In August 1922, Emmet Dalton held Michael Collins in his arms as he died on that infamous stretch of road at Béal na Bláth. In May, 1958, he was part of the team behind the opening of Ireland’s first film studio, at Ardmore, in County Wicklow. Sinéad Brennan takes a look at his extraordinary life


In May 1958, history was made when Ireland’s first film studio was launched at Ardmore, near Bray, Co. Wicklow. Speaking at the opening ceremony, Minister for Industry and Commerce Seán Lemass described the new venture as an “important development of national significance”. The future Taoiseach praised the innovation of the co-founders of the ambitious undertaking, namely Louis Elliman and Emmet Dalton.

A well-established theatre and cinema manager, Elliman had long been associated with the Irish entertainment scene. For his business partner, Dalton, it was a remarkable career change that few could have foreseen.
Three decades previously, Dalton’s name had been synonymous with the Irish War Independence and subsequent Civil War.

Most notably, he was the trusted right-hand man of General Michael Collins, and it was in Dalton’s arms that the ‘Big Fellow’ died from a fatal gunshot wound at Béal na Bláth, Co. Cork in August, 1922.

Born on 4th March 1898 in Falls River, Massachusetts, USA, Emmet Dalton was the eldest of five children born to James and Katherine Dalton. James was a third-generation Irish-American and in 1900 he took the decision to move his family back to Ireland.

The Daltons took up residence in Drumcondra, a leafy suburb of Dublin’s north-side. James Dalton was a committed nationalist, and an active member of the Ancient Order of Hibernians and the Irish United League.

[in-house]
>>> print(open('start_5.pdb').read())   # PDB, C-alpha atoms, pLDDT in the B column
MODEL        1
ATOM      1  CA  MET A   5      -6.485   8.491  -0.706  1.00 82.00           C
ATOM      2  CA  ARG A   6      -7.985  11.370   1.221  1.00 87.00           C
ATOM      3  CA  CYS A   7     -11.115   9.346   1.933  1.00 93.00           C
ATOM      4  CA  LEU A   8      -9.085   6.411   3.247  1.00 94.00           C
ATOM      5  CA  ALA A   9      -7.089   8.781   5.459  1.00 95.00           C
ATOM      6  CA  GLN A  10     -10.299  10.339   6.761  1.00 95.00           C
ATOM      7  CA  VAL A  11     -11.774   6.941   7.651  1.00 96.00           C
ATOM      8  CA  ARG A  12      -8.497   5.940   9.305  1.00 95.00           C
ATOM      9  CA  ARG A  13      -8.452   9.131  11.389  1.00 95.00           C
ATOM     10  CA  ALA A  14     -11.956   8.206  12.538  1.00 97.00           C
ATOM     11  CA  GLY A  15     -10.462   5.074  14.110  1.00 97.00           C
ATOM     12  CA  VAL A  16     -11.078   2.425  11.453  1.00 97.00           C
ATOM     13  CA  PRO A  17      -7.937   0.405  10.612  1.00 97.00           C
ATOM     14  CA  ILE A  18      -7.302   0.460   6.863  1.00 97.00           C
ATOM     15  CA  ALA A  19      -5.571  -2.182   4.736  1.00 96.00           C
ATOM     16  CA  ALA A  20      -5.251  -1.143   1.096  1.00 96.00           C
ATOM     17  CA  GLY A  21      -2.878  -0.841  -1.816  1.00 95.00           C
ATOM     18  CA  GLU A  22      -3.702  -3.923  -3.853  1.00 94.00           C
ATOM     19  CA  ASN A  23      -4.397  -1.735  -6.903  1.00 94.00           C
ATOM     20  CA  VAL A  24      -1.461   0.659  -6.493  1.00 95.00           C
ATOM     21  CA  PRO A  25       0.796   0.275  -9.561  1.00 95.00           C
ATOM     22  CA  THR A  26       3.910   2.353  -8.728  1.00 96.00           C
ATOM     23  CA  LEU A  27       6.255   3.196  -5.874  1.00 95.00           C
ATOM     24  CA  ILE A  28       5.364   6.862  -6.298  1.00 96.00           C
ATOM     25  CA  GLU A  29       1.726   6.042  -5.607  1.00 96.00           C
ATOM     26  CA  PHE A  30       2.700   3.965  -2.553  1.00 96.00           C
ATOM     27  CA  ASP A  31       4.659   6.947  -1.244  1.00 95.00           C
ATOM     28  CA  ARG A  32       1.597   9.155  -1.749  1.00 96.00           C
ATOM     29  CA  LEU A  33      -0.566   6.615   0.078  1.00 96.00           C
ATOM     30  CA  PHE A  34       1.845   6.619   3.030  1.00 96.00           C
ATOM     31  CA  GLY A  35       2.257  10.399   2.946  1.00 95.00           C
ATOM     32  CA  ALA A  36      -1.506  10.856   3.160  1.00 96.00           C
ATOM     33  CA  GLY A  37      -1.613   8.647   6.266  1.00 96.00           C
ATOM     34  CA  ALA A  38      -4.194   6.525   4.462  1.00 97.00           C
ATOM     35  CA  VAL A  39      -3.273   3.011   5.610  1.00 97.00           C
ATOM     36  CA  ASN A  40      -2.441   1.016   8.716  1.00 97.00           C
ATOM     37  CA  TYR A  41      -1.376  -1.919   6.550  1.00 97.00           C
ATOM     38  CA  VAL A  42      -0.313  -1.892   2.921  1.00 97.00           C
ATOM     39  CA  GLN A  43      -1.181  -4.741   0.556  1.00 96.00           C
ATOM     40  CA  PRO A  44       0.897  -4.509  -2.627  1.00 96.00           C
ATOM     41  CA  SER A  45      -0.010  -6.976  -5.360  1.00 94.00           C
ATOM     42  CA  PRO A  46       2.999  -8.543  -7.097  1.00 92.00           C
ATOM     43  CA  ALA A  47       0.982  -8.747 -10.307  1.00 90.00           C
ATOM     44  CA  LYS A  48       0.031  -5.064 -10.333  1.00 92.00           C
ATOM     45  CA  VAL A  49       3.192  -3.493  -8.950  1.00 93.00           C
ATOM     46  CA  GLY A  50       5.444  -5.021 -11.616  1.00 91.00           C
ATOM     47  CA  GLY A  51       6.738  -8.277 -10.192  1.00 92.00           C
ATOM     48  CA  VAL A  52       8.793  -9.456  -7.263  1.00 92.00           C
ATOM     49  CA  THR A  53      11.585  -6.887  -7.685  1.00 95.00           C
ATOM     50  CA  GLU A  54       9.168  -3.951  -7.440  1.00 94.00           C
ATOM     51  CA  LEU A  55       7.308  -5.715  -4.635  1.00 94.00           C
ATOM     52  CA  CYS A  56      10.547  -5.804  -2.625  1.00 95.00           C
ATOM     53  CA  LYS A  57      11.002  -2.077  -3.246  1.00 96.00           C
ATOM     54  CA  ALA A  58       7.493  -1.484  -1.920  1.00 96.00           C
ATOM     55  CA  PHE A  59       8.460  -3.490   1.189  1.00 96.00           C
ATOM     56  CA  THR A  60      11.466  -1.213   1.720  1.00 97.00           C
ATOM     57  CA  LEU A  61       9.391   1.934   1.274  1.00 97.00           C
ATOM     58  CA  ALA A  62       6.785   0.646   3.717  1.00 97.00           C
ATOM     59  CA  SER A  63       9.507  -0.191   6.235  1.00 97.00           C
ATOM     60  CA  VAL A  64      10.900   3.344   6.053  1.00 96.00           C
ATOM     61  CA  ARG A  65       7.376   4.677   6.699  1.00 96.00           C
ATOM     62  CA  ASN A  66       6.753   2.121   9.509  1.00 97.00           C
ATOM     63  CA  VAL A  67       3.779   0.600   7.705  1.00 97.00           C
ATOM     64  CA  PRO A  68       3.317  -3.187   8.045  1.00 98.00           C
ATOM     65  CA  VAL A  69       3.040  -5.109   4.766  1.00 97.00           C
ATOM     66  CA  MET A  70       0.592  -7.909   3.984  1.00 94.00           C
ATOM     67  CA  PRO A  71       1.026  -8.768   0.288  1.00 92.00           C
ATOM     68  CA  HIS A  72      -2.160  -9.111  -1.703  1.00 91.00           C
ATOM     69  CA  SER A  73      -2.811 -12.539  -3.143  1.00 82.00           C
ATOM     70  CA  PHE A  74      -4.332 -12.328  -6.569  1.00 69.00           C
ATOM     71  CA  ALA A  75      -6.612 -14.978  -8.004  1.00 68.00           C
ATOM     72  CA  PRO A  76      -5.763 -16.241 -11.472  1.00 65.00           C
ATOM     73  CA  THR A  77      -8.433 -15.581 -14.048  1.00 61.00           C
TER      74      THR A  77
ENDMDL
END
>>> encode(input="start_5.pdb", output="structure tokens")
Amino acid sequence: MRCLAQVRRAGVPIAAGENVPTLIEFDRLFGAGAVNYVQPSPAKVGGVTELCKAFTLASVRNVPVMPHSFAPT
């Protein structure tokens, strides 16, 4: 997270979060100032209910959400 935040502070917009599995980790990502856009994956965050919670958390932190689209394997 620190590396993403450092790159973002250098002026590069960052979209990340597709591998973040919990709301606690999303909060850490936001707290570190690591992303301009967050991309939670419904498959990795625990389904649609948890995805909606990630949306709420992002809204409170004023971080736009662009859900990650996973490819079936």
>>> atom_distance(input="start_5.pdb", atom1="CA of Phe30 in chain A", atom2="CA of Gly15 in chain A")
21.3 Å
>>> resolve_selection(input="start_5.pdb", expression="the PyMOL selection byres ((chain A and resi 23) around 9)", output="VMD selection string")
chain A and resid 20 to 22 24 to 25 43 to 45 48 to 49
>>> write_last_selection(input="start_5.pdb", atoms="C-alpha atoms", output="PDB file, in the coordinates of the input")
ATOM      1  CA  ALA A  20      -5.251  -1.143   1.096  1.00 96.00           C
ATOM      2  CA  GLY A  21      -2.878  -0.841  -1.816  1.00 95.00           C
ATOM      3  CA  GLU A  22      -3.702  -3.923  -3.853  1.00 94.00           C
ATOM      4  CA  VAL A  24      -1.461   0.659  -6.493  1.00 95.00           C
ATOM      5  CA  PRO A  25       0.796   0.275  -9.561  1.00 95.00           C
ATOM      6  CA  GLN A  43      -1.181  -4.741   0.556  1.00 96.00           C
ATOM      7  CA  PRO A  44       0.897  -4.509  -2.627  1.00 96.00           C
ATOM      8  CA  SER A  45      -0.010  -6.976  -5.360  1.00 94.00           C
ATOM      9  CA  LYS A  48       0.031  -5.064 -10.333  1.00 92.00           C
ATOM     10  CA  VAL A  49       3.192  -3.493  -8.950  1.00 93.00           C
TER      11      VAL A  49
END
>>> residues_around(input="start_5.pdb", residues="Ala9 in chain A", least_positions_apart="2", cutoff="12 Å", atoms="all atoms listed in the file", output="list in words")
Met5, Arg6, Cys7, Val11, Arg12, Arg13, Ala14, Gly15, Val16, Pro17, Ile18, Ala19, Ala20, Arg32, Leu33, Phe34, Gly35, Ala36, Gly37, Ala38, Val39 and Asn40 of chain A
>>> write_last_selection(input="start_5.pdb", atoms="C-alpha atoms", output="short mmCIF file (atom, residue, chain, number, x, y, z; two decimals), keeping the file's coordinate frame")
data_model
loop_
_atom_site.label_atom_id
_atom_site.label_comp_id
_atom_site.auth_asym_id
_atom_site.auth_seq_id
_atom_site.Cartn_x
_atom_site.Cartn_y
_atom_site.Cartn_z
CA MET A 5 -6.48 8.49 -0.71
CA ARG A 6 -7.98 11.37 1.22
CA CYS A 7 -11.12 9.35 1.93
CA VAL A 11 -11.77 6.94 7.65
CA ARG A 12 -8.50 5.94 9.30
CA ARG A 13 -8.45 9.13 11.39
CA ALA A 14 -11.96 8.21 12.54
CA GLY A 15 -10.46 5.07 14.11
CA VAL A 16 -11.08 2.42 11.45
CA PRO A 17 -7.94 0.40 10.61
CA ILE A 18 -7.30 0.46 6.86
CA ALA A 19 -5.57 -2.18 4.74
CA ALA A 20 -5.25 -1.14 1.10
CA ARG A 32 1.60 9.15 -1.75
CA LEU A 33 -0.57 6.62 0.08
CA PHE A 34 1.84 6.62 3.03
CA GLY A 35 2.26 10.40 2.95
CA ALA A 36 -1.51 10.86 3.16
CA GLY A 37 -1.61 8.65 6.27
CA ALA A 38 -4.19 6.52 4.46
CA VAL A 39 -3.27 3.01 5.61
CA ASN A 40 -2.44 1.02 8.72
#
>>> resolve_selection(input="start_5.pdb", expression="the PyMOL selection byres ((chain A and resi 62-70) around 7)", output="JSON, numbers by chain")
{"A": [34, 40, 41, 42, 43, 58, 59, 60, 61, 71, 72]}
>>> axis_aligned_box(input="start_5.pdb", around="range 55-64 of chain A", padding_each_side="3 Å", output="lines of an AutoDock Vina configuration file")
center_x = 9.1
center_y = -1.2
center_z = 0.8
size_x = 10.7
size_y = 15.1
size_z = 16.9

The Dalton home was frequented by the leading nationalist figures of the day. In 1913, Emmet and his younger brother, Charlie, joined the newly-formed Dublin Volunteers.

The following year, James Dalton arranged for Emmet to smuggle a parcel of rifles wrapped in sack- cloth by railway train from Dublin’s Knightsbridge station to Ballyhaunis, Co. Mayo. It was a risky mission for sixteen-year-old Emmet; somewhat of a prelude to the perilous nature of the next chapter of his fascinating life.
With the outbreak of the First World War in 1914, Emmet was determined to play his part, ‘not for England but for small nations’.

Unbeknownst to his parents, and armed with a letter of introduction from an influential friend of his fathers, he presented himself at the Grafton Street recruitment offices.
Like scores of other young men, he falsely gave his age as eighteen. He was appointed second Lieutenant in the Royal Dublin Fusiliers.

On seeing Emmet in uniform for the first time, James was enraged. With the help of Emmet’s mother, his temper was eventually subdued.

His eldest son was off to war.

Continue reading in this week’s Ireland’s Own